I deeply respect literature and expect to gain insight from a book and to identify emotionally with its characters. I therefore avoid reading suspense novels or science fiction.
Reading about Queen Victoria has been a passion of mine since, as a child, I came across Laurence Housman's play 'Happy and Glorious,' with its Ernest Shepard illustrations.
Besides the actual reading in class of many poems, I would suggest you do two things: first, while teaching everything you can and keeping free of it, teach that poetry is a mode of discourse that differs from logical exposition.
Reading a newspaper is like reading someone's letters, as opposed to a biography or a history. The writer really does not know what will happen. A novelist needs to feel what that is like.
Before 'Giant,' I had only ever worked with Michael Greif, Michael John LaChiusa and Kate Baldwin in readings. It's really exciting to be blessed with the opportunity to work with so many I would put in the 'genius' book.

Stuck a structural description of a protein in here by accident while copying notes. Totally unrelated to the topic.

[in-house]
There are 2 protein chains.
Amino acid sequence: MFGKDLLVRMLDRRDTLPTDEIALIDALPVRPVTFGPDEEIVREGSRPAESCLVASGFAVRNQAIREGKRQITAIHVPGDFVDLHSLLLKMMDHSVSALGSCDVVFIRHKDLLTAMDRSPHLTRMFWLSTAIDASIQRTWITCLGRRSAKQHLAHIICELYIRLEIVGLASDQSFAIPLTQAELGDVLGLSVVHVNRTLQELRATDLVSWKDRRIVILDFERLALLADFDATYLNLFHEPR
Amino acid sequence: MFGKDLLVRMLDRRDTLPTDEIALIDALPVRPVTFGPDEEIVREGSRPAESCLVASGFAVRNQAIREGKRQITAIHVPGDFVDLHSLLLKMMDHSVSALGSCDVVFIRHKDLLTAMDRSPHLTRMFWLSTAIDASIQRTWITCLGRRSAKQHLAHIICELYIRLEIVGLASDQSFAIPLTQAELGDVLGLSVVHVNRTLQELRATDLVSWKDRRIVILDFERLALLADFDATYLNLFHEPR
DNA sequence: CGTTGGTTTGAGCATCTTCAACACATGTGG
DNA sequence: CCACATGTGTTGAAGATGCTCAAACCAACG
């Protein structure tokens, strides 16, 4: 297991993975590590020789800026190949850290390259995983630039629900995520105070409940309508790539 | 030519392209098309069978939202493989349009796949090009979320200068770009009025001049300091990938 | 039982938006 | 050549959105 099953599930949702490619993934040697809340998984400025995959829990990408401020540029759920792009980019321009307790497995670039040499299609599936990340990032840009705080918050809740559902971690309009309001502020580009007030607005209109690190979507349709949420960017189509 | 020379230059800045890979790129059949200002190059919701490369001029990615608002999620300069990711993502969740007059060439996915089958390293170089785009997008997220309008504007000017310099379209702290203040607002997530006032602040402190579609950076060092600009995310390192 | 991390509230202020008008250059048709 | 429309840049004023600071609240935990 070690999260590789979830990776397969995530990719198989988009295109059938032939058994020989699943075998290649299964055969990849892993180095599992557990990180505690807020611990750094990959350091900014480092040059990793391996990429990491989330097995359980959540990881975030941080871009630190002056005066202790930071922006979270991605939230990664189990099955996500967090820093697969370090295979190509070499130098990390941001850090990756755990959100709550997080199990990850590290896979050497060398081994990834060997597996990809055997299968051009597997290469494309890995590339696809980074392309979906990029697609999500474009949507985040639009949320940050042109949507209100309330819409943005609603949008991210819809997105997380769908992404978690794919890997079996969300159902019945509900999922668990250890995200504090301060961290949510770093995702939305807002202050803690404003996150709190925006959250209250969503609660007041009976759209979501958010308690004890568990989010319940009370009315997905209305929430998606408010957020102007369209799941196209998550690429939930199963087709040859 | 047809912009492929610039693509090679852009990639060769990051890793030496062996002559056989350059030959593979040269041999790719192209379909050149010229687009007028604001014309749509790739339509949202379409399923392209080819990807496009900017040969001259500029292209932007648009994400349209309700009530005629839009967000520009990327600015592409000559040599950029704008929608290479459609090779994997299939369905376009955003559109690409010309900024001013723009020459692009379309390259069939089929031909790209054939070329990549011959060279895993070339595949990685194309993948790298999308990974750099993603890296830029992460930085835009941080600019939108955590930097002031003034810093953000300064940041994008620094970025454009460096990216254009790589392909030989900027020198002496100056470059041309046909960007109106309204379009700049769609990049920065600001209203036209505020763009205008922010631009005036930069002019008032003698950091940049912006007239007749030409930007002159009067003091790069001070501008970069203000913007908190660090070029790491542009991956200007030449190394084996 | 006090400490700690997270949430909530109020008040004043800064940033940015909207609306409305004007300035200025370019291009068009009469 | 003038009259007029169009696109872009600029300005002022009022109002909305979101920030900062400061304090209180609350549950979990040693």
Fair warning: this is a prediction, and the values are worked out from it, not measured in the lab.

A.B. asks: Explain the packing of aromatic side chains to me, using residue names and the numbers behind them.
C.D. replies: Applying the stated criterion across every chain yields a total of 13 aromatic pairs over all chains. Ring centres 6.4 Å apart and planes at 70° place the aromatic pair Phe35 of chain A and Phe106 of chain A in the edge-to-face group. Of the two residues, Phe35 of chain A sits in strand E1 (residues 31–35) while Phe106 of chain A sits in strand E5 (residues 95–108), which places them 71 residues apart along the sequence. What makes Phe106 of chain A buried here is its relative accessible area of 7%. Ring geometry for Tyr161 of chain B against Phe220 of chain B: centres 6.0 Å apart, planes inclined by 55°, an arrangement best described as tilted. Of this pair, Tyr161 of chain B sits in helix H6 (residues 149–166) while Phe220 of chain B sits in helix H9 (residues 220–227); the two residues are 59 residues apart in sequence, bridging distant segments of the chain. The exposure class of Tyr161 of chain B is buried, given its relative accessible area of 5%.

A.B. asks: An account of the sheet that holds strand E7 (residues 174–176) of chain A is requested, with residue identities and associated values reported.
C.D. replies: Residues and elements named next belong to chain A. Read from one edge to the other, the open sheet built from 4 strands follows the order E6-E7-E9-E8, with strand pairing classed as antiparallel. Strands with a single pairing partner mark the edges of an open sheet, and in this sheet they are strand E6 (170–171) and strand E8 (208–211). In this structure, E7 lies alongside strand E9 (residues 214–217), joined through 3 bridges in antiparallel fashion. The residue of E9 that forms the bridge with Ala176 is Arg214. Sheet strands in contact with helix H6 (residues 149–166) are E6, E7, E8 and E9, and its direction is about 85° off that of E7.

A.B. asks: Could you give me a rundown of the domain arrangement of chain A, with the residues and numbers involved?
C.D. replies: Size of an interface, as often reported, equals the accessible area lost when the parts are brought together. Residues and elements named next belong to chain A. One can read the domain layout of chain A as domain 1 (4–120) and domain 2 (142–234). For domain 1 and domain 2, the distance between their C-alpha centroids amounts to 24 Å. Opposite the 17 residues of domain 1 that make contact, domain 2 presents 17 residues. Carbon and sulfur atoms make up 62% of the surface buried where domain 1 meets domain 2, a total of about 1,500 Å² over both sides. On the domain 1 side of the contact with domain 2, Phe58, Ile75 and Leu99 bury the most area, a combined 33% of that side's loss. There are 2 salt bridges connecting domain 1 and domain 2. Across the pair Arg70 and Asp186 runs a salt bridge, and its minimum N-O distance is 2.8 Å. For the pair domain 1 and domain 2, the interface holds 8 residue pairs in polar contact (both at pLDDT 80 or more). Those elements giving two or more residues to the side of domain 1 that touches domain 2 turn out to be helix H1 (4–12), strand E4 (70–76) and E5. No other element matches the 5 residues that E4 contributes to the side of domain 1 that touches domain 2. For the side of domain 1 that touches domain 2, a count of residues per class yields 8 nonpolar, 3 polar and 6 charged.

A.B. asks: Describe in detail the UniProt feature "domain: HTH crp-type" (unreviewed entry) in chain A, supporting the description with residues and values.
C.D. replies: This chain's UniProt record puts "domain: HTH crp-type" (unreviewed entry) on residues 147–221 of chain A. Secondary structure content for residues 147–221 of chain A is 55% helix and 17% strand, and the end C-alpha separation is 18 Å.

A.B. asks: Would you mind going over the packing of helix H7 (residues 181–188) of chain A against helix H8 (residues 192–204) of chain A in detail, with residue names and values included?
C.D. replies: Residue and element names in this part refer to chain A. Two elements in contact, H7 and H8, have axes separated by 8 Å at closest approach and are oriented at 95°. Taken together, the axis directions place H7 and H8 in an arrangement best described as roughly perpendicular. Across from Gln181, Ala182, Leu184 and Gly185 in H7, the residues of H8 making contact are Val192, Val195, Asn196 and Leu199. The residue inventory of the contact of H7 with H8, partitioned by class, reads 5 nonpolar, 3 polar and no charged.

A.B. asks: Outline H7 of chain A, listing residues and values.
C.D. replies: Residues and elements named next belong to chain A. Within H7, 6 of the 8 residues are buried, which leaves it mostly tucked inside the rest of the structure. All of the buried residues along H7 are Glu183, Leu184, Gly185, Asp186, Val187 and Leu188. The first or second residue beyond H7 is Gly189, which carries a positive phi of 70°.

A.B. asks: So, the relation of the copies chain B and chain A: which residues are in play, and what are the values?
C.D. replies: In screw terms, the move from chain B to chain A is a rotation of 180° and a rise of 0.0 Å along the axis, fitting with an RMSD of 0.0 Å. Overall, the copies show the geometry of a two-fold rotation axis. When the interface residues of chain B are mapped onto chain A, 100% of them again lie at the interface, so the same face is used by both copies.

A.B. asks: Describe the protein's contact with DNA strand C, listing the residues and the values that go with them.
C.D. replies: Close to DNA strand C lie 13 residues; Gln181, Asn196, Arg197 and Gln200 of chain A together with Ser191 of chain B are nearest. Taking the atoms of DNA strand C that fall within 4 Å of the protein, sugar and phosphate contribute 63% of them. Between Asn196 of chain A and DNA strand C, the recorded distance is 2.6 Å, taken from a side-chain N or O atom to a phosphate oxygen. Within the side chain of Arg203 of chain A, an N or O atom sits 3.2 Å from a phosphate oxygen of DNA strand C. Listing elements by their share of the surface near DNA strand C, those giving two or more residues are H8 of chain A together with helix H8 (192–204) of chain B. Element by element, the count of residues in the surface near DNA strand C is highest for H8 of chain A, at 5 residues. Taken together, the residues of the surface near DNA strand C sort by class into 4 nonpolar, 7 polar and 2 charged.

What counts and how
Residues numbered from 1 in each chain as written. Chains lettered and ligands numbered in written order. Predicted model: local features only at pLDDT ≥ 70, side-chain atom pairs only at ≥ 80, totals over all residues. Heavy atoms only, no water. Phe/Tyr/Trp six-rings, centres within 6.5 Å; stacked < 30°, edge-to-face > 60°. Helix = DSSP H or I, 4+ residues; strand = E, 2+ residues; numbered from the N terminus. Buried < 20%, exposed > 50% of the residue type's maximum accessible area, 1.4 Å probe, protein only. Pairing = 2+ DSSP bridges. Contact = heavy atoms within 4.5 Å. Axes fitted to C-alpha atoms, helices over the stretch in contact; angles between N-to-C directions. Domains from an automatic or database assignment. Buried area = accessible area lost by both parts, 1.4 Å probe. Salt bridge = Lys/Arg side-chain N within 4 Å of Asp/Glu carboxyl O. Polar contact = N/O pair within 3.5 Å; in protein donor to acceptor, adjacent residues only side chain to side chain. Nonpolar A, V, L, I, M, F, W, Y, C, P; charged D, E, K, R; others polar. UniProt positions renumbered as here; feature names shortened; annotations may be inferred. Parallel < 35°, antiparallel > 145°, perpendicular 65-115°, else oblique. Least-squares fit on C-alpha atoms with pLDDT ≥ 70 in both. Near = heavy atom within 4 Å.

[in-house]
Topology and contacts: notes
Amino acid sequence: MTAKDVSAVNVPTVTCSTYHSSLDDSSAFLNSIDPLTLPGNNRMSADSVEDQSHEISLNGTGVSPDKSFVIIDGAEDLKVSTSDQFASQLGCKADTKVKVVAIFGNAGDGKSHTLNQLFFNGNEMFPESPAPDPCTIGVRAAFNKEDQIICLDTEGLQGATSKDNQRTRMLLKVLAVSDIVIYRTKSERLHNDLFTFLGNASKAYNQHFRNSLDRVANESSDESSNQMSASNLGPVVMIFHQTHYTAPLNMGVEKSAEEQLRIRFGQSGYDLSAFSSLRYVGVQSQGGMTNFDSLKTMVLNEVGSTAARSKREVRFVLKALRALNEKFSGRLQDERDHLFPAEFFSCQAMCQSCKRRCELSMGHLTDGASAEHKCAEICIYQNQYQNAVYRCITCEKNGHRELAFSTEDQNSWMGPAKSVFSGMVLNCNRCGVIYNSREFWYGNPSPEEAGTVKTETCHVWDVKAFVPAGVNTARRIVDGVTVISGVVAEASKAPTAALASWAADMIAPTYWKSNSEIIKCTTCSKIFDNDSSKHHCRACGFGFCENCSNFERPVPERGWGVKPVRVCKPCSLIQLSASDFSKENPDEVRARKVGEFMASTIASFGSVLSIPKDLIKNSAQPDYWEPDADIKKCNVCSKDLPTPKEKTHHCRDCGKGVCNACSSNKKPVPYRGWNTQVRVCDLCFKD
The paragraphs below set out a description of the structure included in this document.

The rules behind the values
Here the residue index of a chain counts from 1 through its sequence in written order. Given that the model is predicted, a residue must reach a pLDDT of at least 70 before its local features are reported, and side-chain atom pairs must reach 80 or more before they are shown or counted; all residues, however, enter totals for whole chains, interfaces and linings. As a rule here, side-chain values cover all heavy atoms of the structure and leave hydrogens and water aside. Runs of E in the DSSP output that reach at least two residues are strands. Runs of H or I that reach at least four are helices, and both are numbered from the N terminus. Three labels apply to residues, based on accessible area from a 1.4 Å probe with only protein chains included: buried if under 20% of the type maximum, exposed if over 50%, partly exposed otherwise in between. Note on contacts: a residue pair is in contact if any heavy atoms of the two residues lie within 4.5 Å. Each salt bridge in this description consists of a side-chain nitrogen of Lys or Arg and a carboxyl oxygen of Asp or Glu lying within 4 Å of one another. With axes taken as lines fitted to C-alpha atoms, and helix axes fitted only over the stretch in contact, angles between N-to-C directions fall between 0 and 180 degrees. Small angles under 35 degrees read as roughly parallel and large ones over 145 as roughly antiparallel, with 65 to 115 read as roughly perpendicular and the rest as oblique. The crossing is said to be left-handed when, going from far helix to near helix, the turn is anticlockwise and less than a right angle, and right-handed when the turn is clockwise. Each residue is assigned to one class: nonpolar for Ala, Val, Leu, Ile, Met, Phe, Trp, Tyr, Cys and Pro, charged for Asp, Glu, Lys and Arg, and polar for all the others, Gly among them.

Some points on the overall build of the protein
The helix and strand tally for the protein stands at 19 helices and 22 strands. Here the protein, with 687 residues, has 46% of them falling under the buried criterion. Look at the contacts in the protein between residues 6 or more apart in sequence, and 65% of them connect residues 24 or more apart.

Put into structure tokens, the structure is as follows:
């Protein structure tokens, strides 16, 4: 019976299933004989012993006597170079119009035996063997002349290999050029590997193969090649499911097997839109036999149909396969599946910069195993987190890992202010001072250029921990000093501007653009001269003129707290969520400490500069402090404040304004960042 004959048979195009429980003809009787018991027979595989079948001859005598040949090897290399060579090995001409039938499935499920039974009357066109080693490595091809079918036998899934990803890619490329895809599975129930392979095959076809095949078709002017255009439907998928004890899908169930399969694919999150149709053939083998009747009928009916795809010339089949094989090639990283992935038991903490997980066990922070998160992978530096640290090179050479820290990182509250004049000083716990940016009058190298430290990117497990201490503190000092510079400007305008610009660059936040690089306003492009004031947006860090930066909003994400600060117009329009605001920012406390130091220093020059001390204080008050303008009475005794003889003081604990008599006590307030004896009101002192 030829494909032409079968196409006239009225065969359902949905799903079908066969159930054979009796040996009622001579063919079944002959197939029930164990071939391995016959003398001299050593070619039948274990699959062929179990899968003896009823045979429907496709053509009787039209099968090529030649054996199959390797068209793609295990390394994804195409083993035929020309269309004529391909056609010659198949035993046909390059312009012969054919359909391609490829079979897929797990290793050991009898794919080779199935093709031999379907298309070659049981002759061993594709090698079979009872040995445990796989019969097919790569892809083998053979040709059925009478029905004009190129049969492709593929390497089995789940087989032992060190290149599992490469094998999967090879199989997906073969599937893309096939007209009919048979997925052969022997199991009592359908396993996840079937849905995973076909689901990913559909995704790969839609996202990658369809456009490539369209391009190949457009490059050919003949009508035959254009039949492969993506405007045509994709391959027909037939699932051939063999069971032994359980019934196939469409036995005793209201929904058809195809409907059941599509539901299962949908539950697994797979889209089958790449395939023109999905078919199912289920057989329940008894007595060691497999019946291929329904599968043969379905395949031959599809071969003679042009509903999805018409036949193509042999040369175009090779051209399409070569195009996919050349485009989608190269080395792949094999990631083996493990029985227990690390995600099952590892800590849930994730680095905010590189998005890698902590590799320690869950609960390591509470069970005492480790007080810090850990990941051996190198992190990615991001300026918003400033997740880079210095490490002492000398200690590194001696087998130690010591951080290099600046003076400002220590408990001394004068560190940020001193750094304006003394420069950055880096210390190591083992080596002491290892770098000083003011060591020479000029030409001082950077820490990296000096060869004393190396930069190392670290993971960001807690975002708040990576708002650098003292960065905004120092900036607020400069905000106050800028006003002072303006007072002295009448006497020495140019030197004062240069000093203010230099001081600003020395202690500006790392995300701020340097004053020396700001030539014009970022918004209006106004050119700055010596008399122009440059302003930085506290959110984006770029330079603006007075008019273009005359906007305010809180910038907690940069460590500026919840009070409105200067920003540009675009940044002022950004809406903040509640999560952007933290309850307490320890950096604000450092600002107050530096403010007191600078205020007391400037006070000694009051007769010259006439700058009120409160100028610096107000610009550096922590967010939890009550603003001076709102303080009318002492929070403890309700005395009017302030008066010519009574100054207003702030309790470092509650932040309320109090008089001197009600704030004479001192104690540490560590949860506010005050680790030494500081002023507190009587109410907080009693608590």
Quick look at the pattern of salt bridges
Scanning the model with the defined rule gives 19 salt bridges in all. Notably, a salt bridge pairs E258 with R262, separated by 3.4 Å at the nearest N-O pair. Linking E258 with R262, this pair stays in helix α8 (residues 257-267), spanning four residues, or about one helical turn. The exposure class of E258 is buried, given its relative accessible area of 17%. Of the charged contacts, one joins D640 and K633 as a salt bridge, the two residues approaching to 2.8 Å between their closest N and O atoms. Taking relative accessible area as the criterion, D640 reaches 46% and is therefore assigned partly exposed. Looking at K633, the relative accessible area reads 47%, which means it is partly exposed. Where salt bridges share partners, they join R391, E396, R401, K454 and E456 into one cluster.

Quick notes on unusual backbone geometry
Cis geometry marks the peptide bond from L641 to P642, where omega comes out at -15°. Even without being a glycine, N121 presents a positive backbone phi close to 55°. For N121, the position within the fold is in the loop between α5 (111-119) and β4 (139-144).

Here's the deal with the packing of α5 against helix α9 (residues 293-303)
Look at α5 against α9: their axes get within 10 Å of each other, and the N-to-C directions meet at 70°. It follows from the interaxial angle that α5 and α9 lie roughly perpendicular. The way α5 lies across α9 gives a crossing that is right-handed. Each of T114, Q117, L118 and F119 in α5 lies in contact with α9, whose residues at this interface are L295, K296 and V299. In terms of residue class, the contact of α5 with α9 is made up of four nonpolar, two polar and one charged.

I get nervous before openings or premieres or when someone's reading a new script, and I get nervous when my daughter isn't in my immediate field of vision.
When I go to a library and I see the librarian at her desk reading, I'm afraid to interrupt her, even though she sits there specifically so that she may be interrupted, even though being interrupted for reasons like this by people like me is her very job.
We live in such a celebrity-driven culture, but all those people have to go buy toilet paper, and all those people have products they use and their favorite sweet treats. They all have to write to-do lists, and they're all reading books - well, hopefully most people are doing those things.
I always think of my characters as alive human beings and try to generate questions around their life and understand their socio-political background. It was a lot of questioning and reading.
I'm the world's worst at reading reviews and then pretending I've read the book.